Dr. Neanderthal DDS Performs Prehistoric Dentistry

Neanderthals are usually depicted as club swinging primates that used grunting as a form of communication. They aren’t often credited for their medical knowledge. However, a recently released study shows us that we may have given Neanderthals a bad rap, particularly in the dental hygiene department.

Prehistoric Dentistry

New findings have archaeologists saying that Neanderthals may have performed prehistoric dentistry. Examining a 130,000 year old Neanderthal tooth, they noticed scrapings and grooves that seemed unnatural for teeth – even if they were really old. After further study, they were able to determine that the scratches were actually the result of toothpicks and dental maneuvering.

Now, the toothpick ‘discovery’ wasn’t much of a surprise. This particular tooth tool has shown up many times across the hominid species, but they weren’t exactly why they were used. Some thought the purpose was to relieve discomfort, others believed it was a form of “Fibre processing and saliva jetting.” But this new evidence supports that the prehistoric toothpicks could be related to dentistry.

Although no evidence was found to confirm what the toothpick was made from, doctors estimate that it could have been created from bone or a stem. This development, combined with the separate discovery of Krapina Neanderthal jewelry fashioned from eagle talons, depicts a pattern that the primitive species were prone to modify their environment using tools.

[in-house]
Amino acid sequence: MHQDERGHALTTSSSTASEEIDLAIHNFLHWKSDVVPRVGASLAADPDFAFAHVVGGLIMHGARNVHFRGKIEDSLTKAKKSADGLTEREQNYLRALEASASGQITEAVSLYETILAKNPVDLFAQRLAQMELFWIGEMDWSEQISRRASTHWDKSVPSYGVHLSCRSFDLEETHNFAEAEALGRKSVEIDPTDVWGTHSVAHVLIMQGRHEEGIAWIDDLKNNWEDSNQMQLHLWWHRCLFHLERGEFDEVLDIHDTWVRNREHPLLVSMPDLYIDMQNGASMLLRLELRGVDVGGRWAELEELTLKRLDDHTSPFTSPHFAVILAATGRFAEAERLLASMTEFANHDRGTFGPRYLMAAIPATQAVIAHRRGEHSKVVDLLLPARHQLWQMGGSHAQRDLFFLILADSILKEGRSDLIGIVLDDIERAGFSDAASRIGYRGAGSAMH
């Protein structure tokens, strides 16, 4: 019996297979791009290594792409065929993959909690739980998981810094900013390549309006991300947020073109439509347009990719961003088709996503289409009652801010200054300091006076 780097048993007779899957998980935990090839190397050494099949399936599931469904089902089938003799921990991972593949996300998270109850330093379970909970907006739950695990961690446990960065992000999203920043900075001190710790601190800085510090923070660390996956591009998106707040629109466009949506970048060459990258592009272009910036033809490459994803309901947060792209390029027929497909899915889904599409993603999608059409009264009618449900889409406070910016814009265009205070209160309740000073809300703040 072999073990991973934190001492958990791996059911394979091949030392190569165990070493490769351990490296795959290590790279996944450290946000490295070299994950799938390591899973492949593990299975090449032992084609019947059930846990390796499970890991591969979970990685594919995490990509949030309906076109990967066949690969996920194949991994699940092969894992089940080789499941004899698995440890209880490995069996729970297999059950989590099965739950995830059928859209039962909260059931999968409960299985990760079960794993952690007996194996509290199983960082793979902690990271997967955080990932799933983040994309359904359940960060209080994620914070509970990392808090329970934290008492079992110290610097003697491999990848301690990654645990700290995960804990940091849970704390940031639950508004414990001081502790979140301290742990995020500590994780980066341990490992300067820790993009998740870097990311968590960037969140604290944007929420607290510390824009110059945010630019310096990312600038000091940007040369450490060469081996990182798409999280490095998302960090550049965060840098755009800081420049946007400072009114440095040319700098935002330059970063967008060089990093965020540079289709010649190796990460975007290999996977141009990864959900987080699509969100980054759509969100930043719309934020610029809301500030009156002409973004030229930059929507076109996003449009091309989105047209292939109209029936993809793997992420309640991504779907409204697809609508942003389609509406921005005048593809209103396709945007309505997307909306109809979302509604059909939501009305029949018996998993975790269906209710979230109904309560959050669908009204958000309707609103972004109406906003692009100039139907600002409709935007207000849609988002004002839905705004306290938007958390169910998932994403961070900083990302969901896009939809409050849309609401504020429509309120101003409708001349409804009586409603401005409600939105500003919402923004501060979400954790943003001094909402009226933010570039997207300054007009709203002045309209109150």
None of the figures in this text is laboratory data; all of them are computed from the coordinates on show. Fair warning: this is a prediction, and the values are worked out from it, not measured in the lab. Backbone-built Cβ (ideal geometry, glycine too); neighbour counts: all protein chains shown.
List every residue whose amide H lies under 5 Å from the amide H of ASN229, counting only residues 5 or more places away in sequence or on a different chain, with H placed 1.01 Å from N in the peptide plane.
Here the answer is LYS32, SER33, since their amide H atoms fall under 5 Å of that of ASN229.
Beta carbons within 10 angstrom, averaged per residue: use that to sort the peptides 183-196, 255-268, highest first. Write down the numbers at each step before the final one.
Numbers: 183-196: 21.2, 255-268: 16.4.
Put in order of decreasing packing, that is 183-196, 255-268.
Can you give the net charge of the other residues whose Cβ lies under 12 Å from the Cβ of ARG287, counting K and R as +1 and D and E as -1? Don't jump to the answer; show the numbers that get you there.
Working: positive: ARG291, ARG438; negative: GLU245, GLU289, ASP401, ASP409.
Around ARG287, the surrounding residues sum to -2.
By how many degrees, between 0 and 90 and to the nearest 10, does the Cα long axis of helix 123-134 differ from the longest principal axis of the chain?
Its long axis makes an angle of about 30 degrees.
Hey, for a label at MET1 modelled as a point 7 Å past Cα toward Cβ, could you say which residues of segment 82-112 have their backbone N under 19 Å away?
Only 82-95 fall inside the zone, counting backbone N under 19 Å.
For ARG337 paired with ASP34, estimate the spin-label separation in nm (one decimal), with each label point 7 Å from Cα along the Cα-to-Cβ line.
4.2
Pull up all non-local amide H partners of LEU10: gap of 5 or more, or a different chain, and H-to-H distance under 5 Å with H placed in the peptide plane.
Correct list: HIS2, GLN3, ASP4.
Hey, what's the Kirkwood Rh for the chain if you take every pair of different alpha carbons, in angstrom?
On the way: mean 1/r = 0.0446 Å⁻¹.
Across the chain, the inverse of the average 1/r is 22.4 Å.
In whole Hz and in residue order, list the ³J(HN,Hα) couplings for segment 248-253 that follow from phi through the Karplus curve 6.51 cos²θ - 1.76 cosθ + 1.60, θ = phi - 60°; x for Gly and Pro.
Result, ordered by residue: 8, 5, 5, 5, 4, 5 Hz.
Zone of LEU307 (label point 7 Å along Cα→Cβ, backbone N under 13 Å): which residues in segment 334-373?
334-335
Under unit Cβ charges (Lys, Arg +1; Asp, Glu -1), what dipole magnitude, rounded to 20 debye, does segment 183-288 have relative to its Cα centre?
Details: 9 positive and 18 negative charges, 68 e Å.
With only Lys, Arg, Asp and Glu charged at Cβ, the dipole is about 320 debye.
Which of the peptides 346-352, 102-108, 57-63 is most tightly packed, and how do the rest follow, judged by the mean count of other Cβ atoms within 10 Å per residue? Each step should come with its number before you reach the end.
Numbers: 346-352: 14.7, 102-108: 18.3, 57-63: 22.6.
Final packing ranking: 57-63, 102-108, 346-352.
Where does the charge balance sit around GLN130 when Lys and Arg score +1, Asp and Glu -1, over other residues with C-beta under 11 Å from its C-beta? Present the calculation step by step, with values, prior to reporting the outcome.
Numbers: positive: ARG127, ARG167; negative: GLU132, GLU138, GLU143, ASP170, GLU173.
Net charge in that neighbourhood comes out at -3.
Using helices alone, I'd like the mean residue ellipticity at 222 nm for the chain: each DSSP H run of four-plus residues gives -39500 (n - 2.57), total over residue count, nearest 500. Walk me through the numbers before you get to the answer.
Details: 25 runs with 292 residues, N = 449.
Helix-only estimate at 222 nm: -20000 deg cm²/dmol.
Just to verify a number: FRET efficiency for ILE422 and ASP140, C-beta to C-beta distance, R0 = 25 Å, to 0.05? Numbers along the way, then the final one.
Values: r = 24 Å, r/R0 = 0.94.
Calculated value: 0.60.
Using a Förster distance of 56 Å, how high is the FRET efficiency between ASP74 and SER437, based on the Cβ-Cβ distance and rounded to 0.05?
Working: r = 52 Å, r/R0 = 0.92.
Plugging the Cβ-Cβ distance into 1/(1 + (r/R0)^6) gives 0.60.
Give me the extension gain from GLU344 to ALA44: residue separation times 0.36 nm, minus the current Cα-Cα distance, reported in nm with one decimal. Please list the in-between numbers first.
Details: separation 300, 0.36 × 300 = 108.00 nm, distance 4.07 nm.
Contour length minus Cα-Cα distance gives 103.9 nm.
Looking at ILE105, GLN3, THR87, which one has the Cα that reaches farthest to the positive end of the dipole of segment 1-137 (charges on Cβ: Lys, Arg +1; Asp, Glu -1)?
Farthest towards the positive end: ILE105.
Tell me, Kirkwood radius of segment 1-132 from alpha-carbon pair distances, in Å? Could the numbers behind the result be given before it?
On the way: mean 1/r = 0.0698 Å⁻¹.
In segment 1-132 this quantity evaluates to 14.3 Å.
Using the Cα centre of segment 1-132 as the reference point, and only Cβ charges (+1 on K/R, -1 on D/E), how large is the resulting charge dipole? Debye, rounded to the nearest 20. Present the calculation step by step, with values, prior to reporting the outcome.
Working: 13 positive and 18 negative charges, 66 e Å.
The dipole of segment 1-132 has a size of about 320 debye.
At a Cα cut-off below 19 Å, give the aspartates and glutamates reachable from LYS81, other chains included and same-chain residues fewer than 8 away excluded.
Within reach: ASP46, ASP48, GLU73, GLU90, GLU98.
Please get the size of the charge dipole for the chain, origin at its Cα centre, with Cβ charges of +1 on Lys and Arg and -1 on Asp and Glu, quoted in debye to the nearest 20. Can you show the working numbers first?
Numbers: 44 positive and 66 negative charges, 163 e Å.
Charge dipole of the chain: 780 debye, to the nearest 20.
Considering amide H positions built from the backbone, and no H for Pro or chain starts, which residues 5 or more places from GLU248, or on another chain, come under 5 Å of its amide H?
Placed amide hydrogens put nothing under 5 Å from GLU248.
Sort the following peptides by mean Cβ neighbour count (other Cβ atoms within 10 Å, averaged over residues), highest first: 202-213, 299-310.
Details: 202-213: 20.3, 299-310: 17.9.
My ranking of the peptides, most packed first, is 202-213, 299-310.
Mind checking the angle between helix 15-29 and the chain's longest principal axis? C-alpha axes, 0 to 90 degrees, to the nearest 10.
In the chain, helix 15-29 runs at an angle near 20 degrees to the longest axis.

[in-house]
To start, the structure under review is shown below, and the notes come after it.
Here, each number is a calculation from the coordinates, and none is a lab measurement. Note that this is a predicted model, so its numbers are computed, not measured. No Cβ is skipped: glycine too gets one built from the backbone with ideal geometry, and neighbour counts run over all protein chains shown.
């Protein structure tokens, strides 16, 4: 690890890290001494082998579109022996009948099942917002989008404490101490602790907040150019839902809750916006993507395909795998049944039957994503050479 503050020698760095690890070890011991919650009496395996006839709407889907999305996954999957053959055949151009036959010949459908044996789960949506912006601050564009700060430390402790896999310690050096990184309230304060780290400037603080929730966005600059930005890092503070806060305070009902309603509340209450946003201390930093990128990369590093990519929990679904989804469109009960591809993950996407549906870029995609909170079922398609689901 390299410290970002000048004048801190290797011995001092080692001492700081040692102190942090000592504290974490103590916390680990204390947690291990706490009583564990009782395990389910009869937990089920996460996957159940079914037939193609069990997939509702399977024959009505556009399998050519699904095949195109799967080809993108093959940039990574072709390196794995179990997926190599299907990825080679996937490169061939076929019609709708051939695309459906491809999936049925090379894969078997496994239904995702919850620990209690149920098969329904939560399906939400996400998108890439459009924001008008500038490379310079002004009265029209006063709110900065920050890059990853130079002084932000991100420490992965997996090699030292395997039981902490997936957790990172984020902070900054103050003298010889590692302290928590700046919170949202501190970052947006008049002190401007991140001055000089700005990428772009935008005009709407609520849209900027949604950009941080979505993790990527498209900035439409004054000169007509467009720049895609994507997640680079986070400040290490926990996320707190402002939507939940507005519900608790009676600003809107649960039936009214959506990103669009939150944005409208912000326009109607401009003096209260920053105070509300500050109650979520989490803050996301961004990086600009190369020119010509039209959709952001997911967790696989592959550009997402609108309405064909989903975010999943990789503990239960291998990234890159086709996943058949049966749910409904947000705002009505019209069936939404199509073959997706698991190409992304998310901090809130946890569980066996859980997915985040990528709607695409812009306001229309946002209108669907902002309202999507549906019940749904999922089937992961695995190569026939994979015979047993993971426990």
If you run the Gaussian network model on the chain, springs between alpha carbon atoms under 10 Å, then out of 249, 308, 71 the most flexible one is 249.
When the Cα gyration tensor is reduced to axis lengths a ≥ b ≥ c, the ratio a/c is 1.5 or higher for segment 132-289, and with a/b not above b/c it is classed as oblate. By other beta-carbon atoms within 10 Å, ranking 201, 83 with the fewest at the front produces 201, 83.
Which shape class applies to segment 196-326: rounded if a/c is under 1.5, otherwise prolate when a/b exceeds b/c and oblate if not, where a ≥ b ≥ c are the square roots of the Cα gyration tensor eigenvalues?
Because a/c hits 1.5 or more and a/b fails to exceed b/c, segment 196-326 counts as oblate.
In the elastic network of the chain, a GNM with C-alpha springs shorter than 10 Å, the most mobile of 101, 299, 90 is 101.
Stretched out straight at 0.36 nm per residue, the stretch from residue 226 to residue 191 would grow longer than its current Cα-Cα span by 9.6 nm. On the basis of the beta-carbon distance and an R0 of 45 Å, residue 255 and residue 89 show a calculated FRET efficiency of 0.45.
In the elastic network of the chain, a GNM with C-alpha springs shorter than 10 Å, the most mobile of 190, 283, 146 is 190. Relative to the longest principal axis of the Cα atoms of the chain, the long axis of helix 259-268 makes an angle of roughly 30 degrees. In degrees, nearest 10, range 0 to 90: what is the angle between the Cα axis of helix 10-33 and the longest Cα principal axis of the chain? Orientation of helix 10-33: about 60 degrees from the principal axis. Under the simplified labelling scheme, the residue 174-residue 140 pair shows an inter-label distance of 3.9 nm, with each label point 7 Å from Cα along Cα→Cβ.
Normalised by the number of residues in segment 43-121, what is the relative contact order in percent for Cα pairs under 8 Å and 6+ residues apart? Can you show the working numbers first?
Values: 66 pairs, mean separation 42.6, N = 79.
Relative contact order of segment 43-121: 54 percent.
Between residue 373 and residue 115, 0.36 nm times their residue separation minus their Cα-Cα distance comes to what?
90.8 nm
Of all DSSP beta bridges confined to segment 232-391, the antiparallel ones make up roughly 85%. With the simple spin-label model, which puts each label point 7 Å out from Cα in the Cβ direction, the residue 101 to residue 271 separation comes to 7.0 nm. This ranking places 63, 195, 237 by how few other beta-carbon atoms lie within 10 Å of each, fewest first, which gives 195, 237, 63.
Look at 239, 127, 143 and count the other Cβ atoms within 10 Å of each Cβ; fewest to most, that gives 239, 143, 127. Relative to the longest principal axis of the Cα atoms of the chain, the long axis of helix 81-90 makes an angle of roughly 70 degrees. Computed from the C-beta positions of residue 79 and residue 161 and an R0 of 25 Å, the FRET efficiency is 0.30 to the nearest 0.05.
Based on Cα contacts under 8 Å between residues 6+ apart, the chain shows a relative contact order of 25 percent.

The Discovery

The ancient teeth were located in the famous Krapina site in Croatia, from a Neanderthal named Krapina Dental Patient 20, or KDP 20 for short. The teeth had actually been discovered over a century ago, between 1899 and 1905, but are still being studied today.

Although the teeth were isolated from the mandible, the doctors were able to gather a plethora of knowledge from their examination. From the marks and positioning of the teeth, it appeared that KDP 20 was suffering from an impacted tooth and trying to relieve his discomfort by dislodging it using primitive dental tools.

In addition to the primal dental practices, recent analysis of the ancient tooth plaque found remnants of medicinal plants, like chamomile and, mushrooms. The presence of these plants, along with poplar leaves (the primary ingredient for aspirin) and an antibiotic mold that acts as a natural penicillin, indicates that Neanderthals were ingesting plants for natural and effective pain relief.

Dr. Joseph Gatti, a practicing dentist, and Dr. David Frayer, Ph.D and professor emeritus of anthropology at the University of Kansas, collaborated on the study that released these findings. The study was published in June issue of The Bulletin of the International Association of Paleontology.

Dr. Frayer agrees that these recent findings are beginning to paint a different picture of the Neanderthal, who may have been more intelligent than we give them credit for. According to Dr. Frayer, “All of these examples suggest a level of sophistication like us.”


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